Greg Hewgill (ghewgill) wrote,
Greg Hewgill
ghewgill

adventures in unix

This post describes a little fun I had today with repairing a broken Linux system. One of my computers at home stopped working properly: Almost anything I tried to run gave a "fork: Resource temporarily unavailable" error. Read on for a tale of what you might call a shell game...

My weather radio system runs on a recently installed Debian Linux system. This was the system that suffered a hard drive crash last april. The weather radio system has not been operating since the crash, because I needed to build a new kernel with sound card support. I finally had some time to do that last weekend, and set up the weather radio system so it works again.

Today at work I switched to an already-open 'screen' session on that machine. I noticed that the weather radio system had shut down with a fork: Resource temporarily unavailable message. Ok, so I figured there was still something not working quite right with the new system, and I went to start it back up again and I'd work on it later. Same fork error. Try 'ls', same error. Try any non-shell command, fork error. Something was seriously hosed.

This was annoying but not serious, in the worst case I would just reboot the machine when I got home. But I wanted to see whether I could find out what was wrong from remote.

I remembered the trick of using echo * to get a listing of everything in a directory when external commands don't work. I ran echo /proc/* and found that there were about 800 processes active, which seemed like too many. The weather radio system had shut down, but it's made up of many different processes connected with pipes, so perhaps something stayed running. How could I find out what these processes were?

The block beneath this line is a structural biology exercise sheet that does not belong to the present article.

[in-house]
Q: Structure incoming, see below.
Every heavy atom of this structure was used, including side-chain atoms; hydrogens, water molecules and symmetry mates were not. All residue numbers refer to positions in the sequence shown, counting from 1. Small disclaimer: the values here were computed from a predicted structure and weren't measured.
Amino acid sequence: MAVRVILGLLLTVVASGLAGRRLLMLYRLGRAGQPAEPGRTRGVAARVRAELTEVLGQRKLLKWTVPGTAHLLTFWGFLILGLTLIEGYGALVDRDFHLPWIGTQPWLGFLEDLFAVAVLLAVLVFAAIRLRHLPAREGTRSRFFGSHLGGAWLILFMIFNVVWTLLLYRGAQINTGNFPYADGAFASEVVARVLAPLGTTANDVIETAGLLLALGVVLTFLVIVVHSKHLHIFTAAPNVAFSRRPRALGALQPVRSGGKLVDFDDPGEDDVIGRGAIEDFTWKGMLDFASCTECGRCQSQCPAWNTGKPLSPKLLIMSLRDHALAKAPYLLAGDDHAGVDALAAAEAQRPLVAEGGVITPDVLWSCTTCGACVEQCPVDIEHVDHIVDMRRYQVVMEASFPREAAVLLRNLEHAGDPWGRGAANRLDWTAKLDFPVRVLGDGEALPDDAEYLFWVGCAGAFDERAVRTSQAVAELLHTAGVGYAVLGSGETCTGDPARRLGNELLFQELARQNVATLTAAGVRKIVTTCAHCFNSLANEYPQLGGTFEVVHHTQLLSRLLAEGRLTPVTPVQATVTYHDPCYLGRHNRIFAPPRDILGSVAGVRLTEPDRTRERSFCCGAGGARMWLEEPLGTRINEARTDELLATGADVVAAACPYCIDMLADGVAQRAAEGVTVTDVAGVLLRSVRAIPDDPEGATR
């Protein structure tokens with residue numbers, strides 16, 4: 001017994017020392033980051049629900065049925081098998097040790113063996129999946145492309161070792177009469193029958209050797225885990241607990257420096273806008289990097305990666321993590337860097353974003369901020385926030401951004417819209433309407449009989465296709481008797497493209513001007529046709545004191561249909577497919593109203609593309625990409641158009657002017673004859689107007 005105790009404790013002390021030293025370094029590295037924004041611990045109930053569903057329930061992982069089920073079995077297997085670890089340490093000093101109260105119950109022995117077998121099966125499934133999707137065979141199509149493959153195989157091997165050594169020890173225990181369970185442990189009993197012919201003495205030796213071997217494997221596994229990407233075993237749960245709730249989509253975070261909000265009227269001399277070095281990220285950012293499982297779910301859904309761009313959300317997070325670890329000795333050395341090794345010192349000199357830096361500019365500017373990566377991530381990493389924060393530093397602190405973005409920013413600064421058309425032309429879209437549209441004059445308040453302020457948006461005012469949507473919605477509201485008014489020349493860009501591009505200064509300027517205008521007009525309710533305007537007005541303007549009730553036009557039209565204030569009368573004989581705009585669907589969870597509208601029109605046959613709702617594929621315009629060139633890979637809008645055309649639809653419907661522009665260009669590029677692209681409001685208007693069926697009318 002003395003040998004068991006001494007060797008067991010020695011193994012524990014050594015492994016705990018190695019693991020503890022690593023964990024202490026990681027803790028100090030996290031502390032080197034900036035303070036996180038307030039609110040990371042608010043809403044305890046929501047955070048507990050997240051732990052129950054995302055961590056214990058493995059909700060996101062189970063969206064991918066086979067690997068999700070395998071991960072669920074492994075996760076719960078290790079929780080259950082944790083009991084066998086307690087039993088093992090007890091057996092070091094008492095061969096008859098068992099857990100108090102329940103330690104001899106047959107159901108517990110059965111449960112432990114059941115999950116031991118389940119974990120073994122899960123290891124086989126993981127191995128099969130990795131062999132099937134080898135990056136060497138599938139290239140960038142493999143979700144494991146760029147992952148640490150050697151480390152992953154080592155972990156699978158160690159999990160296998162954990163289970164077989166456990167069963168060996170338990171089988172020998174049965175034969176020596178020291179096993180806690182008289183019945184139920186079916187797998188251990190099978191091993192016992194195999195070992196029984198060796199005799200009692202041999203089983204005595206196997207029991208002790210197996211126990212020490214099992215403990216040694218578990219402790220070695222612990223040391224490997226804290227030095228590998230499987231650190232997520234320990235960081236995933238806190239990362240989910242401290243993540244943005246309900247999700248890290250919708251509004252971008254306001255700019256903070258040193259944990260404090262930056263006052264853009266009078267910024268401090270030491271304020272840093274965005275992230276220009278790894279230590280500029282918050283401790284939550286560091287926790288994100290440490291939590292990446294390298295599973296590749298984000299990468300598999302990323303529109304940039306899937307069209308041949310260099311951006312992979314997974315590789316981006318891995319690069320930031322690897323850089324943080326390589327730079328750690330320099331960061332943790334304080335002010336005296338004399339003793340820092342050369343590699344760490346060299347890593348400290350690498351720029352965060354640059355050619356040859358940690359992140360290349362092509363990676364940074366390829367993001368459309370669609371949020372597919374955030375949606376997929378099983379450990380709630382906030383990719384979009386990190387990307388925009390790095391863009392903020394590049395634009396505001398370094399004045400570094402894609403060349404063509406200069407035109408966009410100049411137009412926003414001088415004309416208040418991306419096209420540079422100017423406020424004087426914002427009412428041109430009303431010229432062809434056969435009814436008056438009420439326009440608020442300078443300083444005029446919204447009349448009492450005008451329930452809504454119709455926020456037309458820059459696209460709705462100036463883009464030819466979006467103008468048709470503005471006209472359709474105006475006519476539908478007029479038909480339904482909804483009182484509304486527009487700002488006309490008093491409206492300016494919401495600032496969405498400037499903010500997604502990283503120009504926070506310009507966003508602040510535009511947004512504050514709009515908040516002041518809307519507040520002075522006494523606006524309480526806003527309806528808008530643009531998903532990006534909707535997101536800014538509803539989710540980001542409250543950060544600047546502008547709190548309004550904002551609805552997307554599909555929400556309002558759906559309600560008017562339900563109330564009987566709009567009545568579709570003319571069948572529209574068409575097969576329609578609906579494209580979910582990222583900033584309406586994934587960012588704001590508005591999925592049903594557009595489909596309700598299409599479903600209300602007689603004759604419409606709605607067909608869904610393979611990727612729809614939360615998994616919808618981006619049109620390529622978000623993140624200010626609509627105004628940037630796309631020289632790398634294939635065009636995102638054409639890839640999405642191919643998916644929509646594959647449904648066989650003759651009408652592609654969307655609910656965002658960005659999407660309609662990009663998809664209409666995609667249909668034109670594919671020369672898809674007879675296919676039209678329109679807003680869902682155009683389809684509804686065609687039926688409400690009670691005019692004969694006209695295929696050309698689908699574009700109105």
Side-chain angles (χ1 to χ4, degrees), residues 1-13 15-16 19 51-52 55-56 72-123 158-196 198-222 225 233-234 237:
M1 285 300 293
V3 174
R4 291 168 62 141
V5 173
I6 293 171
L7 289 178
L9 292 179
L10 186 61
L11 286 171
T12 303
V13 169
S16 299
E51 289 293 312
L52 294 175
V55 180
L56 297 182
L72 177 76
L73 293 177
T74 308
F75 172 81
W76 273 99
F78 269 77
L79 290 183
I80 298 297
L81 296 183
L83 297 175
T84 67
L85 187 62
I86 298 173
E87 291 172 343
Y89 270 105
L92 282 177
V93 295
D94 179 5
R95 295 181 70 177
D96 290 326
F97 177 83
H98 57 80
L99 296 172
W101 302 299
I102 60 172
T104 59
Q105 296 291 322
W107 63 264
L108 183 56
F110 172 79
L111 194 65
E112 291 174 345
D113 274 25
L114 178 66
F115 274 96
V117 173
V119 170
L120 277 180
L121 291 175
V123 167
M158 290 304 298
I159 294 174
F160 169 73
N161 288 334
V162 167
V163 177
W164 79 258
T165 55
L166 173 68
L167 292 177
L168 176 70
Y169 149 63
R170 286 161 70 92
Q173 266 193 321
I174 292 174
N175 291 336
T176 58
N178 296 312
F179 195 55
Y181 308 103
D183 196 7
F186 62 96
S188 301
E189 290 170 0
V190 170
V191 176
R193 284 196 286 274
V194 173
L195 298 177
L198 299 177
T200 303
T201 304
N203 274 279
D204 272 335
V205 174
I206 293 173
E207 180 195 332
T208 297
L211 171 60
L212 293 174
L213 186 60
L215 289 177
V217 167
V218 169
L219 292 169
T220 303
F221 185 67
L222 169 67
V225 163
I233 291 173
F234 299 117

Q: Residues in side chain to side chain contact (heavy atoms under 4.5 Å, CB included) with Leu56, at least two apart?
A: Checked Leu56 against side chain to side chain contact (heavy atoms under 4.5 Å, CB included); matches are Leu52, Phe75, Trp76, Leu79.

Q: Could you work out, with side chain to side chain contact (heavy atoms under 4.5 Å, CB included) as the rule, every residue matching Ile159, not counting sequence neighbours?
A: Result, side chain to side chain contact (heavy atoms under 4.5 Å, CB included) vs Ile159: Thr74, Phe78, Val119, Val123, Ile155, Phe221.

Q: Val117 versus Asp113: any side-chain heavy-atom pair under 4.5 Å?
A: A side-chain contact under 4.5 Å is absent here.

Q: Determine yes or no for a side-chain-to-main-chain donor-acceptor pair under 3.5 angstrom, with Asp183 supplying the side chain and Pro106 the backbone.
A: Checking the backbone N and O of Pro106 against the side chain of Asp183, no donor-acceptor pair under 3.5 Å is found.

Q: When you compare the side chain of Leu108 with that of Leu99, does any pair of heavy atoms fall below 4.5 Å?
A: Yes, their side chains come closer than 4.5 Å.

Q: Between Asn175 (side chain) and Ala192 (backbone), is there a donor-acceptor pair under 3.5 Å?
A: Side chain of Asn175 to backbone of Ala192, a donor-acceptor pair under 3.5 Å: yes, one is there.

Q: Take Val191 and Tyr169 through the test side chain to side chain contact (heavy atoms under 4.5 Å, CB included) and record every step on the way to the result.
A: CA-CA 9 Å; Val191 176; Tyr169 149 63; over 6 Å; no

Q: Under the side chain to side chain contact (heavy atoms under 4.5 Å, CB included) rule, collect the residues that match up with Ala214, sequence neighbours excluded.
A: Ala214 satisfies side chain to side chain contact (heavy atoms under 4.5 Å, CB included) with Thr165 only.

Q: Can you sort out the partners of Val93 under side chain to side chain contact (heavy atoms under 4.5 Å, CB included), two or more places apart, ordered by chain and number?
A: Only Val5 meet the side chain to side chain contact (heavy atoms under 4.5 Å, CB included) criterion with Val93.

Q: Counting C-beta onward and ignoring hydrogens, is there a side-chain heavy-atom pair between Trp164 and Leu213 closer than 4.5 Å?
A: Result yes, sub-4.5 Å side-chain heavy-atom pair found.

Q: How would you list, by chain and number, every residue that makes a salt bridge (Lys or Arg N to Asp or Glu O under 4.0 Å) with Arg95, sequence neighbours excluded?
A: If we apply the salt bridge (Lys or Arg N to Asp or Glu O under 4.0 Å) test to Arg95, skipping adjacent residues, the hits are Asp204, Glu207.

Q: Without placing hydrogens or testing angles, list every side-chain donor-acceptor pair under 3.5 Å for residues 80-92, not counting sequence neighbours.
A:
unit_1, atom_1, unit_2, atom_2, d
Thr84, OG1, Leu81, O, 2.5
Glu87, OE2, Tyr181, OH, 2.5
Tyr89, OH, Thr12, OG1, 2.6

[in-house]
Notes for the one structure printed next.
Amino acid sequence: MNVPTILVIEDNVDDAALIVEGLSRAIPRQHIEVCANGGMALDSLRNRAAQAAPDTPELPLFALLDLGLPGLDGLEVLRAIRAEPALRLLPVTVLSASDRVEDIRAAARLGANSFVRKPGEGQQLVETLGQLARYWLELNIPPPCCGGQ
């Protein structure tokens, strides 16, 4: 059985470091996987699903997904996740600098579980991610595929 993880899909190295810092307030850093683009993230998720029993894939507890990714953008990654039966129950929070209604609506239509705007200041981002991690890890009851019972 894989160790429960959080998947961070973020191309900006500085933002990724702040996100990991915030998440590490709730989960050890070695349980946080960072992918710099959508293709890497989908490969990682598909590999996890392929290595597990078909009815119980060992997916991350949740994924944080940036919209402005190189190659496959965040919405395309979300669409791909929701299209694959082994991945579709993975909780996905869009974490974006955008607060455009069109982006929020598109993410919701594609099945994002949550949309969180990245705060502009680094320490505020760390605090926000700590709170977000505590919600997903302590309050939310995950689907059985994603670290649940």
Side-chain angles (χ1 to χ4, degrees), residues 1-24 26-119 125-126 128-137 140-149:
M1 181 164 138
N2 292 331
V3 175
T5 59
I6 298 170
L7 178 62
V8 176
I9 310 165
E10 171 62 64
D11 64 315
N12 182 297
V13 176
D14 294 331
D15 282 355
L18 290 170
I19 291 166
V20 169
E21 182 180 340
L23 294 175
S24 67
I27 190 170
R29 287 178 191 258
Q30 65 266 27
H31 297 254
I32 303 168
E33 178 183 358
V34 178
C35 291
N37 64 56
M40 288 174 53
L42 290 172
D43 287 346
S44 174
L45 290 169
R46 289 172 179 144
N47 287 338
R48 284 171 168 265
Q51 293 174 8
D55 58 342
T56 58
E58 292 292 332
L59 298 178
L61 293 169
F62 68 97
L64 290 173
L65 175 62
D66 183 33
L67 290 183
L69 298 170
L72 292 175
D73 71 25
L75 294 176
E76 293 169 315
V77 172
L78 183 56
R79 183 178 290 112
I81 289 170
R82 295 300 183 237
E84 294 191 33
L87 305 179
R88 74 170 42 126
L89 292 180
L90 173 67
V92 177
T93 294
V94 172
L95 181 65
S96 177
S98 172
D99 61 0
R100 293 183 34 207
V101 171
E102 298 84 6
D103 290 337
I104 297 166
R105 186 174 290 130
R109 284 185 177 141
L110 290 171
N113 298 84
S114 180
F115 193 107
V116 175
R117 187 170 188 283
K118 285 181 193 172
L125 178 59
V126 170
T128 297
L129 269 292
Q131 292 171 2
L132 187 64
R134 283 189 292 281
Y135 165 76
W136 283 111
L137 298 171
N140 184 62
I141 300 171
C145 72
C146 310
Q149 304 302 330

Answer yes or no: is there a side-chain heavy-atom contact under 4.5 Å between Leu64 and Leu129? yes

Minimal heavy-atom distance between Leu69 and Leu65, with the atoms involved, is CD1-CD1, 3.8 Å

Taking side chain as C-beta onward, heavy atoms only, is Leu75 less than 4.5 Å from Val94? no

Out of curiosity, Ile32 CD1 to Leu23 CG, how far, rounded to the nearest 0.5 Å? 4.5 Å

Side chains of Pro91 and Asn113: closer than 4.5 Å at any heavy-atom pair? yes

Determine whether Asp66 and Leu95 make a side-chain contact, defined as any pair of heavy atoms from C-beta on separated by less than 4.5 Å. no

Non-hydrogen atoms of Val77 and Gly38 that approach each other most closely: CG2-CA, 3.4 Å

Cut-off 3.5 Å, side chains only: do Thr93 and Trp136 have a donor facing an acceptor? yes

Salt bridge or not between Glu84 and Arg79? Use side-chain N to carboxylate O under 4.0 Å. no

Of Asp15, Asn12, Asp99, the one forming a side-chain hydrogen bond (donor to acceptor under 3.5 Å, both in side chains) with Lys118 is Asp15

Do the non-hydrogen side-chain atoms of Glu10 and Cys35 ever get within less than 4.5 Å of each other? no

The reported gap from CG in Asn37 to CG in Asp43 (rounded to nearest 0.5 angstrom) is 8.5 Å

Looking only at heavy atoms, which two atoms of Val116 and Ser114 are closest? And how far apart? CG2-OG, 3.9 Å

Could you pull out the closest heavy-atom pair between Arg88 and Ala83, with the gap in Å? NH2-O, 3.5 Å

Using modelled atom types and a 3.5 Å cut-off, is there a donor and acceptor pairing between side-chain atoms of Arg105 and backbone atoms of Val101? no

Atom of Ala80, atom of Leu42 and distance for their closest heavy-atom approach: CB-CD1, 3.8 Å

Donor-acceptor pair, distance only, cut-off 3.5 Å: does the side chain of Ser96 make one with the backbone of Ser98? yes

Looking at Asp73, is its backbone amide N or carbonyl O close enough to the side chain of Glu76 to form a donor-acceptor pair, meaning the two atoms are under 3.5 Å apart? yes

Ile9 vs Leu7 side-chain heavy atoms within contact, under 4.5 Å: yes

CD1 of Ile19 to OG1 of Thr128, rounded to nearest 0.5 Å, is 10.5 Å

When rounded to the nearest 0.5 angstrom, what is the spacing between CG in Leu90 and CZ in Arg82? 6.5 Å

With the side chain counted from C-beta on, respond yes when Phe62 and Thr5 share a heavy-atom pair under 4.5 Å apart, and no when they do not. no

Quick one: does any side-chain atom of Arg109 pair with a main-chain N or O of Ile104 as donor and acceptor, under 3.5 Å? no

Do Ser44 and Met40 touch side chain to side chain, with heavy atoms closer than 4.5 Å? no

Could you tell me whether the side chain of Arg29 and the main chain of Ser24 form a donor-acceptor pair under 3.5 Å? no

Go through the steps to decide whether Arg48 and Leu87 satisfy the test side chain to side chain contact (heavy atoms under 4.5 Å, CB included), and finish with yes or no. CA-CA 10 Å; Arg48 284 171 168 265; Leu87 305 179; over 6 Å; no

It turns out that the /proc filesystem is a wealth of information. However, most of it is in the form of symlinks (eg. /proc/12345/exe is a symlink to the actual process executable for pid 12345) or pseudo-files that you can read to obtain status information. There is no shell builtin command to find out what a symlink points to, and there is no shell builtin to display a file (ls and cat are both external commands).

The first thing we tried was to try cd /proc/12345/cwd which should change into the current directory of process 12345. Maybe that would give me a clue. I tried this for one of the many similarly-numbered processes, and got a permission denied error. I was not logged in as root, and evidently I didn't have permission to change into whatever the current directory was.

Having determined that these were probably not "my" processes, it seemed that I needed a way to become root. su and sudo are both external commands, and I certainly couldn't make a new ssh connection from another machine. My coworker johnkw came up with exec su - which would replace a currently running shell with su, rather than forking first. If this worked, I would have a root shell; if not, I would likely lose my shell completely. Since I was running in screen and had three shells available, I could afford to lose one if this didn't work. I tried it, and although I got yet another fork error in the process, it dropped me in a root shell anyway!